In the early 1970s, Codman Square was burning down. Block after desolate block had the charred remains of people’s homes. Arson-for-profit schemes proliferated.
Many of the residents who had raised families in those cramped three-deckers fled the neighborhood. Bill Walczak, newly married, moved in and later helped start a revival.
“There was a lot of work to do back then,’’ recalled the Rev. Dr. Bill Loesch, a former Boston City Hospital chaplain who met Walczak when they were both devoted to rebuilding Codman Square. “And the odds were against us.”
Over the next four decades, Walczak and a diverse group of residents helped to turn the neighborhood into a busy commercial center, with a sprawling health center that Walczak cofounded as its anchor.
“Bill saw Codman Square as a place where something needed to be done,’’ said a close friend, Candice Gartley, who still lives in the neighborhood.
These days, Walczak, now living in Dorchester’s Savin Hill, is crisscrossing the city and making the case that he is the only candidate in the race bold enough to lead Boston forward. He’s the only candidate to come out against casinos, which he said would break the financial backs of the poor people he has long championed. As mayor, he said, he would push to reform the school department and modernize the Boston Fire Department. He proposes creating such things as innovation districts in East Boston, Allston, and Roxbury, hoping to bring new vitality.
But with just a little more than $106,300 cash in hand as of Aug. 31, he says, he knew the race would not be easy.
“I’m 59 years old,’’ Walczak said. “I started out of nowhere, but I’ve raised over $300,000. ... I knew I was taking a risk.”
Walczak’s legacy in Codman Square, chronicled in newspapers through the decades, runs deep. It is a story of revival in diverse Dorchester, the city’s largest neighborhood, with nearly 90,000 residents. And it’s a story he hopes to replicate across the city.
Among his proudest achievements is the gleaming Codman Square Health Center, which provides high-quality care for some of the city’s neediest residents. A section of the facility bears his name.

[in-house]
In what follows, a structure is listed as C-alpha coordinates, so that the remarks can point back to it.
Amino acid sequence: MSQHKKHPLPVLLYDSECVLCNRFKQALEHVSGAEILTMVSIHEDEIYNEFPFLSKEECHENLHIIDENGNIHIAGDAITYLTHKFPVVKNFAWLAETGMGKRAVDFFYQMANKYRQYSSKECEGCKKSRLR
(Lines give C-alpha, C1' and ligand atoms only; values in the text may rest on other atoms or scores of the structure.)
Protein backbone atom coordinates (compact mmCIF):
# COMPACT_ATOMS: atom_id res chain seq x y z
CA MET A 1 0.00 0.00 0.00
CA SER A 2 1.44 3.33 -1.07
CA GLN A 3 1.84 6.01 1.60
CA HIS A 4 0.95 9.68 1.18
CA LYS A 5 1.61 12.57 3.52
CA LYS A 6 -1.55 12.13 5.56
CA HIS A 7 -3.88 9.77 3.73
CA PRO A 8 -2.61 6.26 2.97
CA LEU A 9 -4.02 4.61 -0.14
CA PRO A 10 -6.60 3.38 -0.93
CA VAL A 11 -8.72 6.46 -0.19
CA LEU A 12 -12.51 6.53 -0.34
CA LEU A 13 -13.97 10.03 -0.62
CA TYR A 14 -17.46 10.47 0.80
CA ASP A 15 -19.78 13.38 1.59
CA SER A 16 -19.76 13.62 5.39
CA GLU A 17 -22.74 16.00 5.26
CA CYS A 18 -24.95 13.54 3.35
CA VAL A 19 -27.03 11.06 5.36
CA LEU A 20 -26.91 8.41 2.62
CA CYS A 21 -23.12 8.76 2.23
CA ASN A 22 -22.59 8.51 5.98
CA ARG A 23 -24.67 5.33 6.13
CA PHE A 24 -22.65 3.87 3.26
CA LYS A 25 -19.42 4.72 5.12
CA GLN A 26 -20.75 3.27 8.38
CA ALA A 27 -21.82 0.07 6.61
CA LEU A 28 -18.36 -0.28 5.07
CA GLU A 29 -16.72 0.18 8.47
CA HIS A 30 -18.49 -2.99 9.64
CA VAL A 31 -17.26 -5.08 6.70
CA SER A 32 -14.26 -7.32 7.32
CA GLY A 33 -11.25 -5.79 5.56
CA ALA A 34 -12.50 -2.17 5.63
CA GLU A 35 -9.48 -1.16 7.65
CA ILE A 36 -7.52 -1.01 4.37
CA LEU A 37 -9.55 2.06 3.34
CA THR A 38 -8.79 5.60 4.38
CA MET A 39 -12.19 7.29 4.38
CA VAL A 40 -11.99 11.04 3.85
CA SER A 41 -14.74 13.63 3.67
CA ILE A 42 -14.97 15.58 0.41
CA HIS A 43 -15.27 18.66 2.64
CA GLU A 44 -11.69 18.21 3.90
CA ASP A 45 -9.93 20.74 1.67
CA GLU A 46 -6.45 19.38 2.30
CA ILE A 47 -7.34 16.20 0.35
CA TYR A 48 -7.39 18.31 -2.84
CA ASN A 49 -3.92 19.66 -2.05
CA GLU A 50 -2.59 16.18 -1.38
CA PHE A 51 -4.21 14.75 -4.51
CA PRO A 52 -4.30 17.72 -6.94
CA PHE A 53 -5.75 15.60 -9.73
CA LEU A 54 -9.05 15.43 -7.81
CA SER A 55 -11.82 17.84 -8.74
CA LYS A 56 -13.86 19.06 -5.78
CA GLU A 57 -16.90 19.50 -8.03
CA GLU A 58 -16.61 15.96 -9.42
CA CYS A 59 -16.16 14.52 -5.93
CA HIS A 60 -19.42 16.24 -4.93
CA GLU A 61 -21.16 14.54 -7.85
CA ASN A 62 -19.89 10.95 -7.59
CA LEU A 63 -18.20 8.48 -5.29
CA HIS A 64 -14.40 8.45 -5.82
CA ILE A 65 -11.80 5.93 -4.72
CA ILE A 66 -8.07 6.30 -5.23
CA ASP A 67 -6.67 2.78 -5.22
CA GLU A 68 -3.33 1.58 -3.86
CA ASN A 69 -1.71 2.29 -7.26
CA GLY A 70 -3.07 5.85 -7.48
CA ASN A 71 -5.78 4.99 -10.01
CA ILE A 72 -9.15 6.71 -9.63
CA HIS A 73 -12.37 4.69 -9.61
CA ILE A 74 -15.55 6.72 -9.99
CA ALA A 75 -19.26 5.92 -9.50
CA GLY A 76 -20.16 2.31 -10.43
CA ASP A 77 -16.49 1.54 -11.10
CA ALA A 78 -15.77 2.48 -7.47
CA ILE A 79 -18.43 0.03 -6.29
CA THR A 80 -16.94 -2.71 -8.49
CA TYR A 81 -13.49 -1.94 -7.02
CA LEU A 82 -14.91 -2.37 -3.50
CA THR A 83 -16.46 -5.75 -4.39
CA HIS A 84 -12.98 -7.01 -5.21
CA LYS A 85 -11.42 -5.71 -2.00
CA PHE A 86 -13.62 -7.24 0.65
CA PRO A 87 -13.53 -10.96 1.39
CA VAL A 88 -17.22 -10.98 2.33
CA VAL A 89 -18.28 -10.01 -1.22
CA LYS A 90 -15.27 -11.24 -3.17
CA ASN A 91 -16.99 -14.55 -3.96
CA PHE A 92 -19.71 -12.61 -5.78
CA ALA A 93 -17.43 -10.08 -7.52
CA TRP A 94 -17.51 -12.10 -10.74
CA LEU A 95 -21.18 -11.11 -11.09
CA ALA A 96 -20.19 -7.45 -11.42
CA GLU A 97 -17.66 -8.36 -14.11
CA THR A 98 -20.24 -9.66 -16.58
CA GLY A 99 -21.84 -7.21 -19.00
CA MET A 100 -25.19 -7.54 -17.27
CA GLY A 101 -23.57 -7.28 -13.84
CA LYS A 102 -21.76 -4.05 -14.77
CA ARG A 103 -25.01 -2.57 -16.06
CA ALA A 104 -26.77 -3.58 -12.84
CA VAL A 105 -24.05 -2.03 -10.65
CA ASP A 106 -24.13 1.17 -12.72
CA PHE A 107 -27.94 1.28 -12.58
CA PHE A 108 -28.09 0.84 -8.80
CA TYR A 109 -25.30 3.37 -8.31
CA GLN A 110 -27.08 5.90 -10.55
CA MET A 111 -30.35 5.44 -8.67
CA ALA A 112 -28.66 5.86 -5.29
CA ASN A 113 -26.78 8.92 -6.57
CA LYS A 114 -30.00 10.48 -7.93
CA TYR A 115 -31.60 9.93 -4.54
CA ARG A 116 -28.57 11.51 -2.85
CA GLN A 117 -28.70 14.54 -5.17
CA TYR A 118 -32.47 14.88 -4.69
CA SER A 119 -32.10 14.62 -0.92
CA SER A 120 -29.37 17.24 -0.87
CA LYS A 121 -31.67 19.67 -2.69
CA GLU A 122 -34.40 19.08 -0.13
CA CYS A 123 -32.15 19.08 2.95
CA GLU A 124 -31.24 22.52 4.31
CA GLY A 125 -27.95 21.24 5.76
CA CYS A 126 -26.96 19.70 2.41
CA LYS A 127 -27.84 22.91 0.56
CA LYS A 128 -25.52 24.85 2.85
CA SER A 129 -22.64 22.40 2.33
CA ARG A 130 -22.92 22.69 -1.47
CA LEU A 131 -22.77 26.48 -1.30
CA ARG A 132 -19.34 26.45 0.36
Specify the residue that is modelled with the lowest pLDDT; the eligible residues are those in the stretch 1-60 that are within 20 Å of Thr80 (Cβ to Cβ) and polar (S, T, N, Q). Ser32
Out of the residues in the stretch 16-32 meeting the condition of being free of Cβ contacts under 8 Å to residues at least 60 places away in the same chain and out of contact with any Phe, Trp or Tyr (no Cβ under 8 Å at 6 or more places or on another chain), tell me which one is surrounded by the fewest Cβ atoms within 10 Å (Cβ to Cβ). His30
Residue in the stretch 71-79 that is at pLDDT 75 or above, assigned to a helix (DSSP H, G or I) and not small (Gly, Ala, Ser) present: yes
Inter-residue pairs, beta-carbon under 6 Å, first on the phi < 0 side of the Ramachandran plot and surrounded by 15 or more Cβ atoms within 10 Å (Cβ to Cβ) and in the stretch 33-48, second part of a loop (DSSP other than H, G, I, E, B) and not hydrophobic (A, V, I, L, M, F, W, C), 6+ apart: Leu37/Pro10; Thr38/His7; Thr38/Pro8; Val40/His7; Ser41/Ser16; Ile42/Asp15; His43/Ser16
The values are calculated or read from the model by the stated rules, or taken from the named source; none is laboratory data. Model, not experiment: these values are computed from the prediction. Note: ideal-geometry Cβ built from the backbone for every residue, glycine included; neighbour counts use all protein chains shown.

Walczak’s history also includes a brief stint heading Carney Hospital, which had been losing money when he became its chief executive in 2011. There, Walczak met one of the biggest challenges of his professional life — and one of his biggest setbacks when the hospital would not accept his ideas.
“I have always been driven to success,’’ said Walczak, reflective as he sat in a Jamaican restaurant in Mattapan one muggy afternoon. “In my life I have always made things happen. I’ll figure out a way to get things done. In this case, there was no other alternative. There was nothing I could do.”
Walczak is a slender man, with a quiet voice, fervent enthusiasm for the city, and a reputation for creative ideas.
“The guy is an idea machine,’’ said Thabiti Brown, principal of Codman Academy Charter Public School and a Cambridge resident. “He really does have incredible thoughts about how systems could work better, so I was really excited when he decided to run.”
He is the son of Bill and Irene, factory workers originally from Scranton, Pa., who moved to Elizabeth, N.J., to escape the Pennsylvania coal mines. His father never made it past the eighth grade. Their dream for their son was that he play the accordion in a polka band, he said.
As a youth, Walczak seemed destined for a career in the nearby factories, but his seventh-grade teacher saw that he had potential and urged his parents to enroll him at St. Joseph’s High School in Metuchen, N.J., he recalled. He spent summers in Appalachia building homes for the needy, worked as the editor of the school newspaper, and joined protests against the Vietnam War. At graduation, he had earned a four-year scholarship to Boston University, he said.